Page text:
Skip to main content

11-15-2017 | Neuropathy | News

Spinal cord stimulation efficacy sustained in patients with diabetic polyneuropathy


medwireNews: Patients with painful diabetic polyneuropathy continue to experience pain relief in the lower extremities for at least 5 years of spinal cord stimulation (SCS), suggest study findings.

The researchers found that SCS was successful in 86% of 36 patients 1 year after receiving a permanent implant and in 55% of 22 patients after 5 years, and survival analysis estimated that 80% of patients still used their SCS device after 5 years.

“Because SCS treatment is maintained over at least 5 years in patients with [painful diabetic polyneuropathy] and >50% of patients still use their initial SCS device after 5 years, SCS can be considered a cost-effective long-term treatment modality in patients with [painful diabetic polyneuropathy],” says the team.

Treatment success was based on achieving at least a 50% decrease in day or night numerical rating scale (NRS) pain score or a Patient’s Global Impression of Change (PGIC) score of 6 or above (much improved or very much improved).

Specifically, at 5 years, average NRS scores had decreased from 6.7 at baseline to 4.3 during the day and 4.6 during the night, and 36% and 32% of patients had achieved at least a 50% reduction in day and night scores, respectively.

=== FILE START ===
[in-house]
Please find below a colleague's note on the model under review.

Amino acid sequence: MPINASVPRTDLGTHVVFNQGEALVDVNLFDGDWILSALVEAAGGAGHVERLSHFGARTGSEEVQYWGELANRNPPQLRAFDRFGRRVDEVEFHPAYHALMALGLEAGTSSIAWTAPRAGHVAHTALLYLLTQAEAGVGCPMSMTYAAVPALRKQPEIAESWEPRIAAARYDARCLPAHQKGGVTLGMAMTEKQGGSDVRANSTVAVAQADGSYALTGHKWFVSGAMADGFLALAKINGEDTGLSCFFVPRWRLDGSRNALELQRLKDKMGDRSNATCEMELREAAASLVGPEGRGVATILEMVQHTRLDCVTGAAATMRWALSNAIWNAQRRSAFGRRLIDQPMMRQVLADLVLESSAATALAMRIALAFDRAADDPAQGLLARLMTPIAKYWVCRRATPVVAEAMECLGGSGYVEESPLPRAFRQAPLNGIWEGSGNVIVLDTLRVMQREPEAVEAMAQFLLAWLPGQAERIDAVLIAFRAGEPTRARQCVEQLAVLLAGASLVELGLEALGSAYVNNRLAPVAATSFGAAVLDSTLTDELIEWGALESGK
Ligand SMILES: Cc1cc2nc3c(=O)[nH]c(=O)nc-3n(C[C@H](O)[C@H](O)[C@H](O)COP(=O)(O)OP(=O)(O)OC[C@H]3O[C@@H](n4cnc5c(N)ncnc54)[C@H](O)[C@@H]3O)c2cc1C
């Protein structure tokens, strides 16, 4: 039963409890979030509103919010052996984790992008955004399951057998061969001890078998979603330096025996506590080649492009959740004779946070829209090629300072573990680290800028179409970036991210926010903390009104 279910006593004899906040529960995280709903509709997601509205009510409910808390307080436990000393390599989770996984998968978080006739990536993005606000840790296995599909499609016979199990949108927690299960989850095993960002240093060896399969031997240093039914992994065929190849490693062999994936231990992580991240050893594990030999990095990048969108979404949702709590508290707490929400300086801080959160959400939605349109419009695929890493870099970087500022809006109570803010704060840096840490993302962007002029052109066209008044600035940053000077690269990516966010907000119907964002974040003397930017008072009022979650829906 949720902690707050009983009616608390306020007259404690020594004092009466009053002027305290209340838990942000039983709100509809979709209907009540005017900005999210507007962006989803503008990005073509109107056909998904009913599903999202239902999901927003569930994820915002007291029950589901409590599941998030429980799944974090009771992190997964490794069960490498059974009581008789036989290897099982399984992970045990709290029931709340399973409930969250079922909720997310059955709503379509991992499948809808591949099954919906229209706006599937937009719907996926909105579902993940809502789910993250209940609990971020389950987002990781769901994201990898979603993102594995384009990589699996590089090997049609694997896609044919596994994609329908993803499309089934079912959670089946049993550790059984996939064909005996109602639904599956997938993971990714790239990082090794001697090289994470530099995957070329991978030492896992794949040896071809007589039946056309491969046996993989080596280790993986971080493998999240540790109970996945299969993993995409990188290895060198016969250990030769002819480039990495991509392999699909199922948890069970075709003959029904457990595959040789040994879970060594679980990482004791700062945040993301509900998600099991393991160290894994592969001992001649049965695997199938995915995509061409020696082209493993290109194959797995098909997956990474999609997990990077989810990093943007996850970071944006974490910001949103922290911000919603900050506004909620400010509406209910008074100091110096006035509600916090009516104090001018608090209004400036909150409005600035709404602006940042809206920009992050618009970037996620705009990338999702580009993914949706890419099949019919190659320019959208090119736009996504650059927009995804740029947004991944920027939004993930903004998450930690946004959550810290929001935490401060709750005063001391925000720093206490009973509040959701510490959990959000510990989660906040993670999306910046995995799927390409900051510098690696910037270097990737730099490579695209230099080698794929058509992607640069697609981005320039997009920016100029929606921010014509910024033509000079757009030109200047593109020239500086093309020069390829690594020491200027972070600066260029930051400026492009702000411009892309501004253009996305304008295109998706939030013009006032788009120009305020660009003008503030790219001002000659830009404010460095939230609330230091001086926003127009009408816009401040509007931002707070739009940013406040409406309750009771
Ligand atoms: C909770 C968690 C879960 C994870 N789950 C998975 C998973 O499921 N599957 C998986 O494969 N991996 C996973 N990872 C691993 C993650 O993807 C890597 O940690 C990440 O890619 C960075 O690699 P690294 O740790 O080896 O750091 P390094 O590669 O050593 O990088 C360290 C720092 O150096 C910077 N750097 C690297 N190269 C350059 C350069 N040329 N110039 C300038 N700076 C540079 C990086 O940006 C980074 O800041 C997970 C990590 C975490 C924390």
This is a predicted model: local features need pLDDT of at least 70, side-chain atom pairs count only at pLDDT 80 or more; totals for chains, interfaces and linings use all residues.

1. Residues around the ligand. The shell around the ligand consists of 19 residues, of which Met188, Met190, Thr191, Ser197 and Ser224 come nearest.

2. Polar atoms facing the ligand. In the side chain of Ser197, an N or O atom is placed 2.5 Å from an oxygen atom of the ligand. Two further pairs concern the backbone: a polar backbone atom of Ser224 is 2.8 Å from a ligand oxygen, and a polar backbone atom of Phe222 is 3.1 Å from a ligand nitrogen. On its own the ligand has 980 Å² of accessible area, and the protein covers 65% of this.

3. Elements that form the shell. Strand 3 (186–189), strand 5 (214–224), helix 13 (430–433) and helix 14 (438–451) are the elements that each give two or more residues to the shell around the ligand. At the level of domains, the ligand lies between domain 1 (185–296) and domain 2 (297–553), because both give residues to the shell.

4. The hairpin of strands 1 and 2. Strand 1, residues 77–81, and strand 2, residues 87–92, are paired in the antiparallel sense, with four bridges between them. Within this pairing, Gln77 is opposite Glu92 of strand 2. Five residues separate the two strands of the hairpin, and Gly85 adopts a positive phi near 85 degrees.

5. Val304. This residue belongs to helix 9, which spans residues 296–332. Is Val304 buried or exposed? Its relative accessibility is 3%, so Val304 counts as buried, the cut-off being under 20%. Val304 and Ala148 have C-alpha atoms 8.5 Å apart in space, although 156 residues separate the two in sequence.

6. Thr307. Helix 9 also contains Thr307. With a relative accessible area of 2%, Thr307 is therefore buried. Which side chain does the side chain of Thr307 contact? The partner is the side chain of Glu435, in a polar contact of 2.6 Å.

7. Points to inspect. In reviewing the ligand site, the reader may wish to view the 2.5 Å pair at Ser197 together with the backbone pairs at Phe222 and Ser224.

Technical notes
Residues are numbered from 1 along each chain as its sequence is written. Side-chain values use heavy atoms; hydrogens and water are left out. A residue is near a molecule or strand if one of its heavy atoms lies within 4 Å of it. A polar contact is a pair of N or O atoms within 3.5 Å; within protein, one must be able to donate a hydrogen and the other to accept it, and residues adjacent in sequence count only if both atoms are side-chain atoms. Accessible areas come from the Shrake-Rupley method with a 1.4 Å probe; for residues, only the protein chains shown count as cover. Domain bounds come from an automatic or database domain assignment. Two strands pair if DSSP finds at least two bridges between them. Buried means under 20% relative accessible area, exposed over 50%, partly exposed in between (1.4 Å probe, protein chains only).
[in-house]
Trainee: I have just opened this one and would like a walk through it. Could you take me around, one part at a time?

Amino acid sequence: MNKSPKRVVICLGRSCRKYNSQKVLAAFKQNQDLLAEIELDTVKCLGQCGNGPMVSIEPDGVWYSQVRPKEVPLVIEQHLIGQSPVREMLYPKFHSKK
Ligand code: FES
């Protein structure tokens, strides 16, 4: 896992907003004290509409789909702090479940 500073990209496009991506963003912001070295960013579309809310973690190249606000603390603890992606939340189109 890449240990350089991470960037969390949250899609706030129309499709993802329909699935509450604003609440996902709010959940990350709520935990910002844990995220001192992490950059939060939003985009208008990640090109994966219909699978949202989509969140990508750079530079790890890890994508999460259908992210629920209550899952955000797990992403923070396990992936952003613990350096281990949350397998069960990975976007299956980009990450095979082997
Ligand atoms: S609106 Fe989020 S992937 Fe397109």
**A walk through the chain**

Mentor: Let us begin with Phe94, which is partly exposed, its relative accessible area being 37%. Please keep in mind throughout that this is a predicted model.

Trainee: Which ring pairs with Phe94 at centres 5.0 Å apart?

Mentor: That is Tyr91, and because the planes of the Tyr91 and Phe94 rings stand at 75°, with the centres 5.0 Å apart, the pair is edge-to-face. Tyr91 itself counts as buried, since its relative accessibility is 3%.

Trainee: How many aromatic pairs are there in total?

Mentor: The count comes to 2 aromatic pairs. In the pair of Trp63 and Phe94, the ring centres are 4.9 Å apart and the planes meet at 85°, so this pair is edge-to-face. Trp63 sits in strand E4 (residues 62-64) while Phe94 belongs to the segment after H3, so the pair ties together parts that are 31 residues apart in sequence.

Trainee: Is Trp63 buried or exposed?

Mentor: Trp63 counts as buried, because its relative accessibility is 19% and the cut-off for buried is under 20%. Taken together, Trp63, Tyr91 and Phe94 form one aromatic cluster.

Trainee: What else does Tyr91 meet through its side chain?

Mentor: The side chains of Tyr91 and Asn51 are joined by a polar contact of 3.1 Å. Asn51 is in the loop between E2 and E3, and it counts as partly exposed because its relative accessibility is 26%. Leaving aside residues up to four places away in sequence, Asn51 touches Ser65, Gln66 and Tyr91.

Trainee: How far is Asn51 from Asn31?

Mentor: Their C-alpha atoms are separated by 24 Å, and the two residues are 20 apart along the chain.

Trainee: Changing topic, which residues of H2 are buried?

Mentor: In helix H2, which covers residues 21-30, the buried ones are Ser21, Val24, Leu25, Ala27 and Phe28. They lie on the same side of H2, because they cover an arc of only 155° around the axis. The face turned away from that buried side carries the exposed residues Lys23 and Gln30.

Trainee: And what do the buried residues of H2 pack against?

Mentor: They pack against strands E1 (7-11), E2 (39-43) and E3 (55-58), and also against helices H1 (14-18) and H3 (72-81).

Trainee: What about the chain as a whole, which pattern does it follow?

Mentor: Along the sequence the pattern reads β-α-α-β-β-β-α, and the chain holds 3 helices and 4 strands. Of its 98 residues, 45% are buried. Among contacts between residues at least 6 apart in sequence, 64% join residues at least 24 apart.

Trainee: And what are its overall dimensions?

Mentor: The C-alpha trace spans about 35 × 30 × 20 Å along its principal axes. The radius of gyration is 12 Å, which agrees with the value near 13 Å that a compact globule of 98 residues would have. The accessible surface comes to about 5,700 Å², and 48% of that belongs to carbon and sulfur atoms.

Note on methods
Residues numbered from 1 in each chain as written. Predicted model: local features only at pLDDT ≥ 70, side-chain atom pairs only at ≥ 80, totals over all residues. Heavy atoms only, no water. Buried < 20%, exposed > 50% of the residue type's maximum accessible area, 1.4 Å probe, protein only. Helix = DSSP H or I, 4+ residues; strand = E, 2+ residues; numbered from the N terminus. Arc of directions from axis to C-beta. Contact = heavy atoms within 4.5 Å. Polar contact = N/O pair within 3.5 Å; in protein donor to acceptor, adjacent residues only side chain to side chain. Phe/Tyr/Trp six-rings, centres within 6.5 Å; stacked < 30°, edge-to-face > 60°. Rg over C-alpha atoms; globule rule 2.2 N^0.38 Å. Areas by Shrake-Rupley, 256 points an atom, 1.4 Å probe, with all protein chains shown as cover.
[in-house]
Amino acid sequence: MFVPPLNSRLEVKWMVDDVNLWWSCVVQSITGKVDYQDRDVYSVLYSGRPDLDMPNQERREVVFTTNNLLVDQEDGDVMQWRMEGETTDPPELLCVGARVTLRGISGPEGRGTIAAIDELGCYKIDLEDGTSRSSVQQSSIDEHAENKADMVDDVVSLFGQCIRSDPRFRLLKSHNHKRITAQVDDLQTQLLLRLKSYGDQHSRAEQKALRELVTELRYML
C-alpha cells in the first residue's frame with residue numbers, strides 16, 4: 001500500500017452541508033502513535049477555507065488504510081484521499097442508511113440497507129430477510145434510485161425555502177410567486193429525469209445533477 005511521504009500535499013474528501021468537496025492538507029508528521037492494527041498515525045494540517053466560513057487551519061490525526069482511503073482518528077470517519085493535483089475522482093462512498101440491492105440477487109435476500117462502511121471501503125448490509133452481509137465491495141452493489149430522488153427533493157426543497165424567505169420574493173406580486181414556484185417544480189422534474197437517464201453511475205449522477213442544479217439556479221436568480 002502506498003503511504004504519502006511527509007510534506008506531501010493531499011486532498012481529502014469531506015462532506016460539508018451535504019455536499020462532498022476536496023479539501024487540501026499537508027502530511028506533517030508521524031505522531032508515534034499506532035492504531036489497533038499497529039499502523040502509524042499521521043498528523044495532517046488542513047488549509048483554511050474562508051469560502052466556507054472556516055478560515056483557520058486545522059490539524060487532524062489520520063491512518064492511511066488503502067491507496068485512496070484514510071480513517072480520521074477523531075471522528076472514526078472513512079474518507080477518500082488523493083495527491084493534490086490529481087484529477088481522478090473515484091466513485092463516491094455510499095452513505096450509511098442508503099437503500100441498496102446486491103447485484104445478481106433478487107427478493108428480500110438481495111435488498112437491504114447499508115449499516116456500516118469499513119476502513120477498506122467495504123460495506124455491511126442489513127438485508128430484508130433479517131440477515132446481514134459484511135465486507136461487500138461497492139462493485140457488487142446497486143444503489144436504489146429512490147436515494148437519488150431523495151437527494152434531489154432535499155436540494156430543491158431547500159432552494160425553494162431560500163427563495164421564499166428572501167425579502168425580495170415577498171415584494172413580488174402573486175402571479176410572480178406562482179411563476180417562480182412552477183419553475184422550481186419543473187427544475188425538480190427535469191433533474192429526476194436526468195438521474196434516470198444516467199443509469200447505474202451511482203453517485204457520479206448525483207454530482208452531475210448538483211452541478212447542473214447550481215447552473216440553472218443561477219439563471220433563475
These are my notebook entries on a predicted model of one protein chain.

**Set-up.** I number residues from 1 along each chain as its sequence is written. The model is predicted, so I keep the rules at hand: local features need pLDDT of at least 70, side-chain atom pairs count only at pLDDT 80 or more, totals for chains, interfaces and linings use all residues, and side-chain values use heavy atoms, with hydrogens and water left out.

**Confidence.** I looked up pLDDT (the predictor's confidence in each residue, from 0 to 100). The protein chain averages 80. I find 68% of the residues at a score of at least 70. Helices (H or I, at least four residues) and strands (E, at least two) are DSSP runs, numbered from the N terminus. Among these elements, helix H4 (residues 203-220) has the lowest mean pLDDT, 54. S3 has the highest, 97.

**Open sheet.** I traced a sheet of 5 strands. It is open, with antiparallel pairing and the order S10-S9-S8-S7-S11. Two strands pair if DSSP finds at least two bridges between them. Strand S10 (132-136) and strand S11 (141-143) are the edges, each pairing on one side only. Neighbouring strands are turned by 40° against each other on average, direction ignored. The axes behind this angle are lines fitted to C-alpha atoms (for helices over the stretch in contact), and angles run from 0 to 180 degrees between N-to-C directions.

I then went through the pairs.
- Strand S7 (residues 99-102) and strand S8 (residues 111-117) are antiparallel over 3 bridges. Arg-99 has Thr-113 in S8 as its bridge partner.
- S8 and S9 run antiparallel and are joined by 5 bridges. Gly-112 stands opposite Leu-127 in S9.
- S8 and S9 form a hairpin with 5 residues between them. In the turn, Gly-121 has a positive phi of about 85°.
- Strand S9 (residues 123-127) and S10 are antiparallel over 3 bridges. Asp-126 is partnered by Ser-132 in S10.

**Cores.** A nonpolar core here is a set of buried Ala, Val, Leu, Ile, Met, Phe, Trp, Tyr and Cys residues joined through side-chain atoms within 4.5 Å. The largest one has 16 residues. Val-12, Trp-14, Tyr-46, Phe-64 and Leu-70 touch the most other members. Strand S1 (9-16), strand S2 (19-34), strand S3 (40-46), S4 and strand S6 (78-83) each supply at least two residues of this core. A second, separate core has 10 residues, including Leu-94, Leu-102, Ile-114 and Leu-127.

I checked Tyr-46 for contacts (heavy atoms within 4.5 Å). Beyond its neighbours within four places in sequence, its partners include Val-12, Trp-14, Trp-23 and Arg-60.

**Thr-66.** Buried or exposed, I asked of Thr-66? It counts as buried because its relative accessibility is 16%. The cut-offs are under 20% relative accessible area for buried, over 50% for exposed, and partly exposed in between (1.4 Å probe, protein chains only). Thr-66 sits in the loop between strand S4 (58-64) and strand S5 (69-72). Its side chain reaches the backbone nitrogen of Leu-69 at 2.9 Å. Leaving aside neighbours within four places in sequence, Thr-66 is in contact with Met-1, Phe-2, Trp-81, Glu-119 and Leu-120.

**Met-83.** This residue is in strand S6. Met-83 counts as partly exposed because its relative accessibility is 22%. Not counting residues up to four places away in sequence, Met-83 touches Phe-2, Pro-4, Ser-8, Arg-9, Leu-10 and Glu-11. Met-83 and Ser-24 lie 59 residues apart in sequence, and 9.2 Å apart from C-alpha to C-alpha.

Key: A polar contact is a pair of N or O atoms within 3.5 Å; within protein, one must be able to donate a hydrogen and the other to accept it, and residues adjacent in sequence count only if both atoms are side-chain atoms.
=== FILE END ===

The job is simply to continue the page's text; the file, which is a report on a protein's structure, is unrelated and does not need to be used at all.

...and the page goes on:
PGIC improvement for pain and sleep was seen in a corresponding 50% and 32% of patients after 5 years.

Maarten van Beek (Maastricht University Medical Center, the Netherlands) and colleagues note in Diabetes Care that no associations were observed between baseline factors and SCS success, but a higher baseline Michigan Diabetic Neuropathy Score (MDNS) was significantly associated with SCS failure, increasing the risk for subsequent removal of the system 3.9-fold.

The researchers stress, however, that despite this association, 40% of patients with the highest MDNS still used their SCS device after 5 years.

“Therefore, patients with [painful diabetic polyneuropathy] with a high mean MDNS should not be deprived of SCS treatment,” they say.

“However, the results can help to inform patients with [painful diabetic polyneuropathy] who are seeking SCS treatment.”

Conversely, there was also a significant, albeit modest, association between higher NRS scores at night and a reduced risk for treatment failure, which van Beek and colleagues attribute to “the therapeutic window for SCS being smaller with a lower baseline pain score.”

By Lucy Piper

medwireNews is an independent medical news service provided by Springer Healthcare. © 2017 Springer Healthcare part of the Springer Nature group


Be confident that your patient care is up to date

Medicine Matters is being incorporated into Springer Medicine, our new medical education platform. 

Alongside the news coverage and expert commentary you have come to expect from Medicine Matters diabetes, Springer Medicine's complimentary membership also provides access to articles from renowned journals and a broad range of Continuing Medical Education programs. Create your free account »